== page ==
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JMcD Wolves SEF conference 2013

JMcD Wolves SEF conference 2013



Summary of research projects 2011-13.

Summary of research projects 2011-13.



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  • A more reflexive education for textual agents, then. We might well ask these questions. They can be adapted. My next project will be asking the great and the good to develop schemes of work for relativist textual education, linking together high culture, pop culture, online exchange, aspects of every day and DIY creativity, with these questions as the curriculum framework. The simplest way of expressing the problem is this – We’ve pontificated and debated and navel gazed about the greater or lesser erosion of boundaries between media and audience, producer and consumer, without seeing what is staring us in the face – it’s the boundaries between home and school and between teaching and learning, the shifting nature of EXPERTISE that we need to think about.
  • Article p9-10.
  • ----- Meeting Notes (07/03/2012 11:07) -----Describe new project - play vid
  • And that’s me. Thanks for listening. And whilst I was gutted that I couldn’t accept the invitation to fly out to be there with the entire Fraser family, as the reason is that I’m going to New York tomorrow with my own, I can’t really feel too sorry for myself.

JMcD Wolves SEF conference 2013 JMcD Wolves SEF conference 2013 Presentation Transcript

  • Towards the Trans-Expert Crazy Forays and Collaborations
  • New frameworks? ).
  • • What does your textual experience look and feel like? • What different spaces and places are there for consuming and producing textual meaning? • What does it mean to be a producer and consumer in these spaces and places? • What different kinds of textual associations and affiliations do you make, with whom and for what? • What is an author and what is being creative? • How do you represent yourself in different spaces and places? • What is reading, what is writing, what is speaking and what is listening and what is learning?
  • 1: Social Documentary as a Pedagogic Tool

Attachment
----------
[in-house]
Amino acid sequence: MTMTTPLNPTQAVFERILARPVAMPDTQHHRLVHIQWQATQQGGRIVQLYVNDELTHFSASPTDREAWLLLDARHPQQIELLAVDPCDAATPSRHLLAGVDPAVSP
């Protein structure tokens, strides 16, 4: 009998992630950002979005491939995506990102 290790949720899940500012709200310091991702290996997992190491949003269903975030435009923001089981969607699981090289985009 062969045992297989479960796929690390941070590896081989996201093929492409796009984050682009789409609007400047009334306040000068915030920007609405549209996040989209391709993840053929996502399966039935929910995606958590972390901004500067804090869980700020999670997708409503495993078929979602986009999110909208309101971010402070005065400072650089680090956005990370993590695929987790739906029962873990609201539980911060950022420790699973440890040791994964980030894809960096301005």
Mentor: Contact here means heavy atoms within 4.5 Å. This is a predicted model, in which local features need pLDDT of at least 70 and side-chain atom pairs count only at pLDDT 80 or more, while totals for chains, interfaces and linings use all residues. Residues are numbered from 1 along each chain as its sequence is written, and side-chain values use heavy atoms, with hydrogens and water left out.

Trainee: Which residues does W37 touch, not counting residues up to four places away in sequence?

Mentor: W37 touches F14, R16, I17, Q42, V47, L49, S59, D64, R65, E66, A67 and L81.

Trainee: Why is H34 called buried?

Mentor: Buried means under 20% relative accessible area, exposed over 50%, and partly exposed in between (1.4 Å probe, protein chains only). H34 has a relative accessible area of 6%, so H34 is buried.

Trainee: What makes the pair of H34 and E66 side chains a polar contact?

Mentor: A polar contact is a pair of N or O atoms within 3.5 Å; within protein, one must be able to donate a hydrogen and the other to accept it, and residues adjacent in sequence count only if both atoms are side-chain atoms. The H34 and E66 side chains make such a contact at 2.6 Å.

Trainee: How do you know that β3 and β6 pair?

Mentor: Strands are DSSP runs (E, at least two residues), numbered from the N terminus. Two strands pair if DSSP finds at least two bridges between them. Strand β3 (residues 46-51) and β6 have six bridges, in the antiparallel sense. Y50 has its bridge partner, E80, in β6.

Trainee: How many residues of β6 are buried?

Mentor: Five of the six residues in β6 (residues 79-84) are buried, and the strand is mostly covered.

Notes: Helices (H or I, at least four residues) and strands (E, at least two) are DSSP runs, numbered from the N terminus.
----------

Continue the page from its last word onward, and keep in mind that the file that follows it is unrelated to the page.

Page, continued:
• Social Documentary • Shared ‘social’ issue / theme • Community of practice / lifeworld • ‘Strangers in own community’ (Heath) Combining: • Managing a media production • Working ethnographically Outcome = self-expression – VOICE
  • Citizenship • Digital media – ‘convivial tool’ (Illich) • Participation in democracy • Shaping own world UK National Curriculum: • Media representation • Bias and public opinion • Self-representation
  • (Digital) Ethnography • Research is textual • Documentary = text • Documentary production = research • Learners are agents in the research. • Reflexive immersion in the SITUATION • No objectivity
  • Data: films, interviews, community events, online dissemination, film festivals. Pedagogic Tool (comparative) Ethnography – documentary as research Learners as researchers Role of technology Developed further into PHD studentships
  • Reading Games as (Authorless) Literature Richard Berger and Julian McDougall
  • Barthes allows students the realisation that they can look at the world from different angles - that meaning rarely lies on the surface and that culture is a complex web of interconnections. (Culture and Communications teacher, wikispace strand).
  • Part I: Fables of Reconstructions 1. Fables of Reconstructions Julian McDougall Part II: Mythologies 2.: The Face of Assange Oscar Gomez 3. The X Factor Tim Wall 4. Tastes of Paradise: The ‘Fair’ Trade Myth Jenni Ramone 5. Batgirl Will Brooker 6. Education as Mythology Nick Peim 7. Sherlocks for the Twenty-First Century Matt Hills 8. Myths of the Digital Age Gabriel Menotti and Antonio Fernandez-Vicente Chapter 9: The Zombie Walk Julia Round 10. The Mythologised Accretions of Press Freedom Julian Petley 11. In Search of Higg’s Boson Angia Voela 12. The Cultural Politics of Being a Knob Ben Pitcher 13. Kylie Écriture Sunil Manghani 14. Signs and Symptoms of the Mad Genius Simon Cross 15. The Museum of Champions, Hyde Park, May 2011 Eileen Kennedy 16. Femininity and the Body: Spectacle and Signification Richard Berger and Mark ReadmanChapter 17: Reflections on a Passport Liesbet Van Zoonen 18. Lobottonised Media - Mythological Thought for the Day Paul A. Taylor 19. Ripper Dan Laughey 20. The Face of Noomi Rapace Roy Stafford 21. Time and the Pips Gary Seal 22. The National Team John Poulter 23. The Citroën Xsara Picasso Ben Taylor and Steve Jones 24. The Peculiar Pose of Jessica Lynch Andrew Panay 25. The 7/7 Bus Ruth Deller 26. Resisting the Myths: Dodging the Bullets Jayne Sheridan 27.Vilnius: Discredited Capital of Culture Evelina Kazakevičiūtė and Kęstas Kirtiklis 28. The Shahida's Claim: Ayat Muhammed Lutfi Al Akhras Norma Musih 29. The Myth of ‘Toxic Childhood’ Jane O’Connor Part III: Barthes’ Myth Today 30. Barthes’ Myth Today: Barthes after Barthes Pete Bennett
  • Only a flattened cultural hierarchy combined with a relativist pedagogy can facilitate emancipatory learning in textual fields, including media education. Imagine ‘doing text’ after the subject. After the death of Media Studies. But also the death of English and all other text-conscious ‘subjects’. We’d be resurrected as just TEXT. Pure relativism. Indisciplined pedagogy. Not only removing ‘the media’ from our gaze, but also ‘Literature’ and ‘Art’. Leaving only text and event. And culture. A reflexive pedagogy of the texture of life – a pedagogy of the inexpert. A pedagogy of CURATION.
  • The ‘Big Idea’: Transmedia – reflected in ‘transexpert’ pedagogy ‘Fused’ narrative emerging from: • Funded research projects + PHD studentships • Emergent collaborations • REF obligations • Discipline themes